• Knowledge of art history and art-making
• Knowledge of science, especially chemistry
• Knowledge of the materials of art-making
• Ability to work in a patient, methodical and detailed way
• Good skills of visual analysis
• Good coordination to work with their hands
• Good communication skills

"You need to be a very patient person … You need to have a talent for art-making. You can’t be a really good conservator without it."
Geoffrey Morrow, Senior Conservator

"You need good hand skills to be an artist is a great way of getting into conservation. For photographs conservation you are also need to know a lot about the history of the medium to know the materials that you are working with very deeply. A lot of conservators today have a background in science because what we do is a kind of evidence based approach to working with materials"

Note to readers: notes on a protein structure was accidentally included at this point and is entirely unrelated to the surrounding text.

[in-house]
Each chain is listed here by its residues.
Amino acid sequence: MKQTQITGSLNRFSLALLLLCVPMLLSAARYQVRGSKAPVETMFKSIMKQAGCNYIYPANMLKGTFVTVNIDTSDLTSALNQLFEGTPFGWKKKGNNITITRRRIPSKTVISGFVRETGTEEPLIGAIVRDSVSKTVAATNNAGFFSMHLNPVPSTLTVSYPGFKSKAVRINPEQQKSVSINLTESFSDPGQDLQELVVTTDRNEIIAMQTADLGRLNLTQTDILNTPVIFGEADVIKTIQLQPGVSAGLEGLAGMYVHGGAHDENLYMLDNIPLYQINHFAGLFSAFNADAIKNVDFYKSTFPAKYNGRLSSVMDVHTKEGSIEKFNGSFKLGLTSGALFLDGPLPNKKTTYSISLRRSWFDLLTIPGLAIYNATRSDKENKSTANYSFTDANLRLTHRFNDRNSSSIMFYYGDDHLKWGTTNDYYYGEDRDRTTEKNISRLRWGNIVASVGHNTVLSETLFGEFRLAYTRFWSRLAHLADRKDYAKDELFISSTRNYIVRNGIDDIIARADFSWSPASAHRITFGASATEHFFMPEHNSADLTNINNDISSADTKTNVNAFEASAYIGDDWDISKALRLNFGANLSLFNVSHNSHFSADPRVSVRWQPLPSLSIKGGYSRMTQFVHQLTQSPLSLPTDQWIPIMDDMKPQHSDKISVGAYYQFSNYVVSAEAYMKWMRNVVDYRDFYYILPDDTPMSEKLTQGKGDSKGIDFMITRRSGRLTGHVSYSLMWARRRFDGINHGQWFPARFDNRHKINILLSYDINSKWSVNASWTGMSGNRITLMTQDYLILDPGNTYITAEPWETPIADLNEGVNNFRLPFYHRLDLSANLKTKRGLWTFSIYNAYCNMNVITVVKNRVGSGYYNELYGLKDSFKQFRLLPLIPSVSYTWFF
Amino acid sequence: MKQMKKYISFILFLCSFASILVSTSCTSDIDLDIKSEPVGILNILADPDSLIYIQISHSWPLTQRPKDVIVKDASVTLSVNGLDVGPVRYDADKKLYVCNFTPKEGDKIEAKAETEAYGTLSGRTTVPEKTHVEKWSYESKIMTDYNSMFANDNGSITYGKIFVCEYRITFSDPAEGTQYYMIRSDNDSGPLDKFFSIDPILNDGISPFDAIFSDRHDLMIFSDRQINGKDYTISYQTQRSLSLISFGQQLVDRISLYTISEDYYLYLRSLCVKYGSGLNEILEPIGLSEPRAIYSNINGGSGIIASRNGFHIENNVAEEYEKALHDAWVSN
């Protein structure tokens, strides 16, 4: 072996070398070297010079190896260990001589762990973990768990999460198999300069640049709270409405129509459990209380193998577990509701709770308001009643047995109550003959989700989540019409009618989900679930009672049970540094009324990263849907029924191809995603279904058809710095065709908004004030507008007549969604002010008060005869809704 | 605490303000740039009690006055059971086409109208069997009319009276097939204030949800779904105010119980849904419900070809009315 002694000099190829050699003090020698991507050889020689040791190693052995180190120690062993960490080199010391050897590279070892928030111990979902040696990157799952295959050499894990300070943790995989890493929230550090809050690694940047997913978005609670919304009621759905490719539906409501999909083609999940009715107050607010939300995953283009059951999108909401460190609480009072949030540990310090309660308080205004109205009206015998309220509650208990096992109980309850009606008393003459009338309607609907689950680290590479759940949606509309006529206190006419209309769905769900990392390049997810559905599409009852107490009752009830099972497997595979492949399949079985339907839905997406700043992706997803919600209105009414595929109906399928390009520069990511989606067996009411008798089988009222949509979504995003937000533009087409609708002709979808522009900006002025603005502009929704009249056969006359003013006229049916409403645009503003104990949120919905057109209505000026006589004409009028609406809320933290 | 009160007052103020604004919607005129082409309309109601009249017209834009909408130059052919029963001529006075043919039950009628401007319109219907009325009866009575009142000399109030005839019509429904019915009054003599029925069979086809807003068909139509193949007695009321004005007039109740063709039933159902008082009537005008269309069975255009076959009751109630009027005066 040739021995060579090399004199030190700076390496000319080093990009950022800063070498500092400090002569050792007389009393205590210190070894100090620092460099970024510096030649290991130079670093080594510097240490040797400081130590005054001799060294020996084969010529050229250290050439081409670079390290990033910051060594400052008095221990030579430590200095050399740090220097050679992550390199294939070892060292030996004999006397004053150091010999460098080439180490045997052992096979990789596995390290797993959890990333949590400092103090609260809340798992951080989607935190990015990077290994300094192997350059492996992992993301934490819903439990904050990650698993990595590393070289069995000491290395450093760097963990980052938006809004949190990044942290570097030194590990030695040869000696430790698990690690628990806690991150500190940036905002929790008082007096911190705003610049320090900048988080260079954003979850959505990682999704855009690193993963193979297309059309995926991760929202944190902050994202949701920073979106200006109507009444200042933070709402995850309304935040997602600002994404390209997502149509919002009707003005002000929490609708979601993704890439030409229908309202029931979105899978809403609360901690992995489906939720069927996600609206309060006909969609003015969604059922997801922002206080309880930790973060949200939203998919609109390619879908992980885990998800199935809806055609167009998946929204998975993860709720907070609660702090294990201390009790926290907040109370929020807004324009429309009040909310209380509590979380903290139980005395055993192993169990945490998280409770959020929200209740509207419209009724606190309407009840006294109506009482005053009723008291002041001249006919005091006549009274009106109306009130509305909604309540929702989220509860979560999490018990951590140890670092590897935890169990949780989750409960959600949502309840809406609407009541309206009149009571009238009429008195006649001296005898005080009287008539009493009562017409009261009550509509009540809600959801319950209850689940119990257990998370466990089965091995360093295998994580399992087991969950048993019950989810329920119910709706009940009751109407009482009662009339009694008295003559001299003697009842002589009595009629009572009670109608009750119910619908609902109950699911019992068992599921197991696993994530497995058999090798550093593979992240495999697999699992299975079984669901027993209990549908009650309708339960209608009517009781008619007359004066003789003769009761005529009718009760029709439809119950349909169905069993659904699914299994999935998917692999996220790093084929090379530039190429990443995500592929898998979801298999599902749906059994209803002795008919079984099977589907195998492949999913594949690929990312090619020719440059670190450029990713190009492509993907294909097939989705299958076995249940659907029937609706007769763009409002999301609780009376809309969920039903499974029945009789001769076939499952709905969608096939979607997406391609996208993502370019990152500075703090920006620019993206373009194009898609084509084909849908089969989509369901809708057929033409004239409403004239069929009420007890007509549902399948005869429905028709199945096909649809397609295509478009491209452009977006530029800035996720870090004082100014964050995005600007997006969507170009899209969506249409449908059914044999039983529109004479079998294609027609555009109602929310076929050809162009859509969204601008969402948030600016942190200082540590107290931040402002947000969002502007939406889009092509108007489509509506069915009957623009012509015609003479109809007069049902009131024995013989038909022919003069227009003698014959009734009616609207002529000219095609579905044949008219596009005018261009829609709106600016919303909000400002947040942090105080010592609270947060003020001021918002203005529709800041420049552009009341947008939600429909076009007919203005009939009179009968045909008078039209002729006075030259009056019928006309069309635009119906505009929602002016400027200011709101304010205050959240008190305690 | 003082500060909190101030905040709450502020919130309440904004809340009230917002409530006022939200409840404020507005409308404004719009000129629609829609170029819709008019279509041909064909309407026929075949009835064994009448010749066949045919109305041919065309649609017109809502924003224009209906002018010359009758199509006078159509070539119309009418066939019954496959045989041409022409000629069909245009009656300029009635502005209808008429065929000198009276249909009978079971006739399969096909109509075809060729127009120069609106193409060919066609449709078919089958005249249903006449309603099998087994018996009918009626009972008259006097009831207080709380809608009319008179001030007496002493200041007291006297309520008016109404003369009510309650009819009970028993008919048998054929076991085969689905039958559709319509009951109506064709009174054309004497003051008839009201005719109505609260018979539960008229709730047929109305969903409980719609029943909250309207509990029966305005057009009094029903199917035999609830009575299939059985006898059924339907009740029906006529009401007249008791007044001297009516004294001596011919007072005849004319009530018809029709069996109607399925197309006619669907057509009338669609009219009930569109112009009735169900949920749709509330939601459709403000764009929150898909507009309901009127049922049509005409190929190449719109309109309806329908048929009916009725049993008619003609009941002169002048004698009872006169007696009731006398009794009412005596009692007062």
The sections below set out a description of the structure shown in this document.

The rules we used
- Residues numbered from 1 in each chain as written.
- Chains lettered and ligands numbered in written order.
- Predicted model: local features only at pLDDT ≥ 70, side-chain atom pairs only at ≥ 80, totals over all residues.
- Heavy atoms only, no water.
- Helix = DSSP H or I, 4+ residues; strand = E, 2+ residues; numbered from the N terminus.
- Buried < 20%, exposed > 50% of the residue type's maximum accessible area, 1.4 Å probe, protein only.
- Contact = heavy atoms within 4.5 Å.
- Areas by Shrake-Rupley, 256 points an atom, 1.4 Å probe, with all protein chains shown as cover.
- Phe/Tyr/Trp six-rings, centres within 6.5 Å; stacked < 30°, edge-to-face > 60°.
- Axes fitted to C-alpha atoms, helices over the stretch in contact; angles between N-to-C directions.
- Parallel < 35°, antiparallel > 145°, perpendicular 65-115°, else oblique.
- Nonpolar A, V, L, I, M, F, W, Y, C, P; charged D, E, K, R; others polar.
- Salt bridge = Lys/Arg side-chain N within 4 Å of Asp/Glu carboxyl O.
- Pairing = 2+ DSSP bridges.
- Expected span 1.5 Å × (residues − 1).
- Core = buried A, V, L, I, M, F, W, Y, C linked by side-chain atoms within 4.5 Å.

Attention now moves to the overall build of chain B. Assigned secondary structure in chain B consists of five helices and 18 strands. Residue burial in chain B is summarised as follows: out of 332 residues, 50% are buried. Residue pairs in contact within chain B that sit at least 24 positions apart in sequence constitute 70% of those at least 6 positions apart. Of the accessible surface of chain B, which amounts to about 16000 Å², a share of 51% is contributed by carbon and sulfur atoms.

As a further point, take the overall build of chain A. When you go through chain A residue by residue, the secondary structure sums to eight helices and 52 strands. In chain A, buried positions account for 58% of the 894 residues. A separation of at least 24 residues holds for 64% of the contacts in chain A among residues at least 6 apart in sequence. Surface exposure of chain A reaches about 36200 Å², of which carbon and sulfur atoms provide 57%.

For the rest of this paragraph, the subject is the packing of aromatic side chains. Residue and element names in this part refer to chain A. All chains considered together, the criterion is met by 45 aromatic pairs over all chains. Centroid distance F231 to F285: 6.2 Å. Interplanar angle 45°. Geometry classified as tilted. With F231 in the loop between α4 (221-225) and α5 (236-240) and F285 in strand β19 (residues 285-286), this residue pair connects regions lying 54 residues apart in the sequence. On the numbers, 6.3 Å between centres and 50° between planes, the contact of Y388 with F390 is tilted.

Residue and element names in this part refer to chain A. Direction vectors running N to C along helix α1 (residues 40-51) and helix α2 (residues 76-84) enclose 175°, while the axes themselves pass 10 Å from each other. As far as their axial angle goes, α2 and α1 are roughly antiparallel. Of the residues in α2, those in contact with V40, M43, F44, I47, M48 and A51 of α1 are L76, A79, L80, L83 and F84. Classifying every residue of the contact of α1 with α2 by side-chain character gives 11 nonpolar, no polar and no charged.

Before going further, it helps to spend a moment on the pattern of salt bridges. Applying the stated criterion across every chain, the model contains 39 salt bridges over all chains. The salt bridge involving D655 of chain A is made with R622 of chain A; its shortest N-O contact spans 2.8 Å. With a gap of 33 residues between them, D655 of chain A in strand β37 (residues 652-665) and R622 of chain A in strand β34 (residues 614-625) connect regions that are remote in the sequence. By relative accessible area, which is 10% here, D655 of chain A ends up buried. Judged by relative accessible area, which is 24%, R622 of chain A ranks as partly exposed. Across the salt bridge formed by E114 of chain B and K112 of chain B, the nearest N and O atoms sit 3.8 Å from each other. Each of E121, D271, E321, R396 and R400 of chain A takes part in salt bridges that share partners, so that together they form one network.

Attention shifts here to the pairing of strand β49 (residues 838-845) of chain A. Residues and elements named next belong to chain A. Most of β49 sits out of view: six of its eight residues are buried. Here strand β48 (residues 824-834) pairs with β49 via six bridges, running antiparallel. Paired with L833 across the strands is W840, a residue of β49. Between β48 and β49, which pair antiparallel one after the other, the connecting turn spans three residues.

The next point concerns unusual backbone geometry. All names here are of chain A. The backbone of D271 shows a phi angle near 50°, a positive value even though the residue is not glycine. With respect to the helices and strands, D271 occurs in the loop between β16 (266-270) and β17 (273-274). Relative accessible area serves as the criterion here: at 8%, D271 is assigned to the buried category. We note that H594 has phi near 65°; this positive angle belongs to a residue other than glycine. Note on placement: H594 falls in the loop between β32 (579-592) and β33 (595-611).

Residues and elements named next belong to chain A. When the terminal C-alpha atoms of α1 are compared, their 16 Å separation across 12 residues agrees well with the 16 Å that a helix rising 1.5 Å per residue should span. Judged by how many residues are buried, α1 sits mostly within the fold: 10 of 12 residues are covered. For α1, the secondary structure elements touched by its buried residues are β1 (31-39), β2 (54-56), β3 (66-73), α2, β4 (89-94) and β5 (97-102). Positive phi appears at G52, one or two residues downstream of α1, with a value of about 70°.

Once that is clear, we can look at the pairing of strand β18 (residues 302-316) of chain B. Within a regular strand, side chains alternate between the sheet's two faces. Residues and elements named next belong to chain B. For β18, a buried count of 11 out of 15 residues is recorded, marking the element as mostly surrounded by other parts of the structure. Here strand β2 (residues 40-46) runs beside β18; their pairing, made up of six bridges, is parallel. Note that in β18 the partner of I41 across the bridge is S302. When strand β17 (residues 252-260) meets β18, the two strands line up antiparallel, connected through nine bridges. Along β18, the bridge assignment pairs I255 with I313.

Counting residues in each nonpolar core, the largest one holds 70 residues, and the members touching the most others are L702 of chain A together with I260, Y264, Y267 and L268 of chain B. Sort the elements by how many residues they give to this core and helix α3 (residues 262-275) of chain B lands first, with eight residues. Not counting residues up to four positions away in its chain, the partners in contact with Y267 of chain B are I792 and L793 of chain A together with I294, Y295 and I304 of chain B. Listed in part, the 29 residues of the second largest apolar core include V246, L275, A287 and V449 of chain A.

John McElhone, Photographs Conservator

“It is almost as if you are in the position of the artist. It is as if you are looking through their eyes. You are trying to do your best for them.”
Geoffrey Morrow, Senior Conservator
“I think that that’s clearly the fact that I get to work with works of art all the time. I get to look at them, understand them, think about them, think about what the artist intended for me to see. It’s a very rich work environment from that point of view.”
John McElhone, Photographs Conservator